If you love being outdoors and spending time in the woods, and have a passion for wildlife and conservation, a position in our Fish and Wildlife Division might be right for you.
Wildlife positions manage habitat and wildlife resources in Minnesota to sustain healthy ecosystems and provide quality hunting opportunities.
Why do we need wildlife specialists?
This position exists to preserve, manage, and develop the resources on state wildlife management areas and other state lands such as state forests. These positions gather and provide information to assist the department in formulating sound resource policies and they also maintain public hunting grounds for public use. A large aspect of this position is to provide information to the public regarding wildlife and the use of natural resources, including managing private lands and nuisance animal complaints.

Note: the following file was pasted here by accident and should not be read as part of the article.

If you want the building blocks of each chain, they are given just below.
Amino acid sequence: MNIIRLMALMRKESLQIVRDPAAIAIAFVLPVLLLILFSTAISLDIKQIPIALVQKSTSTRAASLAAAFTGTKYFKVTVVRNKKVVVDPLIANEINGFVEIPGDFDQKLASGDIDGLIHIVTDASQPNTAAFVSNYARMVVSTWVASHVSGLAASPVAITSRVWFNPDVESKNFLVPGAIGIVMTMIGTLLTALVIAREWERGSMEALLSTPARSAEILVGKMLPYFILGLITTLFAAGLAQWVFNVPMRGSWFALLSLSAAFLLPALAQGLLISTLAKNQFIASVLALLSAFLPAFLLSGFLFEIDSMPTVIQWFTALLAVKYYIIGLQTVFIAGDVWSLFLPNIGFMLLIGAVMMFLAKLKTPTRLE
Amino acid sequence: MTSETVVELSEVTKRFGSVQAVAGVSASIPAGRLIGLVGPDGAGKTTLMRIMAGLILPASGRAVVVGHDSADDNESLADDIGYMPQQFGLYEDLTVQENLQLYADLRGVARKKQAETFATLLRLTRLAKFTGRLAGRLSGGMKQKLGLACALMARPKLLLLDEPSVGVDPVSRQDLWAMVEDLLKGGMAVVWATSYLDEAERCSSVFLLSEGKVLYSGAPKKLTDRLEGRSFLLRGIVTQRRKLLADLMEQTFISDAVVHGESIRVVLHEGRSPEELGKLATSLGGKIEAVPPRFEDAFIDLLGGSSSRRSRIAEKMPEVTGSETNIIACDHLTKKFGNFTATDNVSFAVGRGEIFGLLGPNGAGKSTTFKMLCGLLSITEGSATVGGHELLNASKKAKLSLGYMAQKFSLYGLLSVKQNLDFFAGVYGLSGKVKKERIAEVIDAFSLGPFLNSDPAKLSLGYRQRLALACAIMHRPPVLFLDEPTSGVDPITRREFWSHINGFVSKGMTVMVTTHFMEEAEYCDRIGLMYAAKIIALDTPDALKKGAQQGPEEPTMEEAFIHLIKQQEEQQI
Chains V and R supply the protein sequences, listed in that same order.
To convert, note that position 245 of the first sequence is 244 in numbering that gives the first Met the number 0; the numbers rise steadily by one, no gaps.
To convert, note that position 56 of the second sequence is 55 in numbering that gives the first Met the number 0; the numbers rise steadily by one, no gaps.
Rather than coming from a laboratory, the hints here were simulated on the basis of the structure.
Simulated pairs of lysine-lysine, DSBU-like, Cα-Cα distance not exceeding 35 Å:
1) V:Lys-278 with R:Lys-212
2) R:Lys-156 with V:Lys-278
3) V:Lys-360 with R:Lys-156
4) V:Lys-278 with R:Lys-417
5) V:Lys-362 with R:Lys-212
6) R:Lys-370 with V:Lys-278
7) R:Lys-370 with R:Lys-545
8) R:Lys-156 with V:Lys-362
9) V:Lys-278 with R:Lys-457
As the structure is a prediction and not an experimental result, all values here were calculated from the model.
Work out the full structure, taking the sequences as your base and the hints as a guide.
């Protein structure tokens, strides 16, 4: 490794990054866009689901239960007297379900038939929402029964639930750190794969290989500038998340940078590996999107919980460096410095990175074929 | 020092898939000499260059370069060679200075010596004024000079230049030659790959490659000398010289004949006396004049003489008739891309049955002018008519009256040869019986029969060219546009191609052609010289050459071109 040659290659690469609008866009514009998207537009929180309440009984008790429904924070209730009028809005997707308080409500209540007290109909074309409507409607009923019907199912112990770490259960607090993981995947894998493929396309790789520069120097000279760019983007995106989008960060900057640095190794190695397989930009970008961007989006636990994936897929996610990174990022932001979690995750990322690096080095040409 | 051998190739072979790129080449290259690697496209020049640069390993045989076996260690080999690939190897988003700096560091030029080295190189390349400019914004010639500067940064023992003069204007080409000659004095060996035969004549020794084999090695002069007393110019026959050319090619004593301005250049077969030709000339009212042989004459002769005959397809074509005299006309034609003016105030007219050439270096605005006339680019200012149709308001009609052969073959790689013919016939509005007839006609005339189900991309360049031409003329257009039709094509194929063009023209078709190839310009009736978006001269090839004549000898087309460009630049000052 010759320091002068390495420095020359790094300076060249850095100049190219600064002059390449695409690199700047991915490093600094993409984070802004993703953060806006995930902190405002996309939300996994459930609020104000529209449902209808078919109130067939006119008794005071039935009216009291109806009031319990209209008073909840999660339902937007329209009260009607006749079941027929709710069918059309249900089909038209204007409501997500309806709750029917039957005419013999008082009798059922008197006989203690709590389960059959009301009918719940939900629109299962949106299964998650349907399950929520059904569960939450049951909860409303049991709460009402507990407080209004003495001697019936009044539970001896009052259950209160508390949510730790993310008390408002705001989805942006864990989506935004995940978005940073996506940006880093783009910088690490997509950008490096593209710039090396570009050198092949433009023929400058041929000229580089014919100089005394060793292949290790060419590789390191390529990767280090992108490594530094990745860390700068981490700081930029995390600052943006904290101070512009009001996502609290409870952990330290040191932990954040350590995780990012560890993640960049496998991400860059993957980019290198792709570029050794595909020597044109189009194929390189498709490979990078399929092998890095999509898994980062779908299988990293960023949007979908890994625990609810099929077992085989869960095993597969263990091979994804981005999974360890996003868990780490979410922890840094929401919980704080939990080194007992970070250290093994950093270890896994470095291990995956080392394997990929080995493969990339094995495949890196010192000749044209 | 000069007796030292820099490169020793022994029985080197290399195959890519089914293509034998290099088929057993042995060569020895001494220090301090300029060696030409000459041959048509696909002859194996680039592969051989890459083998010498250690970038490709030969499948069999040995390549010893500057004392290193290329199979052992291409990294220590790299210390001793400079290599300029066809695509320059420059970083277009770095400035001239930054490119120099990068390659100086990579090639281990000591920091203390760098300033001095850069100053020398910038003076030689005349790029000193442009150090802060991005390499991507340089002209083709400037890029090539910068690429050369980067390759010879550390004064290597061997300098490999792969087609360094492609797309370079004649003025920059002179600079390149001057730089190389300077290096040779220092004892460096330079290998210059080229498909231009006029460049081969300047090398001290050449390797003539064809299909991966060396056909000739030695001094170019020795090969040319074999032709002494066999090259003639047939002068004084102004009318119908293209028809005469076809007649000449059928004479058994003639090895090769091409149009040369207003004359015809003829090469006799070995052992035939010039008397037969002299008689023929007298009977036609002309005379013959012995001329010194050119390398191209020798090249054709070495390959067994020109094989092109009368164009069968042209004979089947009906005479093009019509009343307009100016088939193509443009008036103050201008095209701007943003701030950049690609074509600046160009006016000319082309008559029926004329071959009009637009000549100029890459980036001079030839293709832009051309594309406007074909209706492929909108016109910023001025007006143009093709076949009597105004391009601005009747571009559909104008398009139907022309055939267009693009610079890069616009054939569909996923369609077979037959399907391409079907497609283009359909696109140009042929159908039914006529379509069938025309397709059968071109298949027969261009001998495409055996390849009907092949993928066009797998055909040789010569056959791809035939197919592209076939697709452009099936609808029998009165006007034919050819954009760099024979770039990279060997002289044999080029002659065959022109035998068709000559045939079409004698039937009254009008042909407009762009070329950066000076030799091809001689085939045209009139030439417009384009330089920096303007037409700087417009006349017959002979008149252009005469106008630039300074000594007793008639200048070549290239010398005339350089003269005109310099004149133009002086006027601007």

What do wildlife specialists do?
Wildlife specialists perform a diversity of work functions, but some of their primary job duties are:
- Designing and implementing habitat improvement projects, including prairie and tree plantings, timber harvest, water level management and prescribed fire.
- Performing wild animal population surveys, including deer, grouse, pheasant and furbearing mammals.
- Managing access to public lands by developing and maintaining roads and parking area, including thoughtful land acquisitions that increase public access and opportunity.
- Educating and informing the public on a variety of questions centered on wildlife from hunting or trapping questions, to habitat or nuisance animals in backyards.
- Maintaining equipment such as ATVs, snowmobiles, small boats, tractors and planters.
- Informing processes for determining hunting seasons and bag limits.
- Conducting surveys of public use on WMAs, including bag checks, car counts, and interviews of users.
What are the working conditions?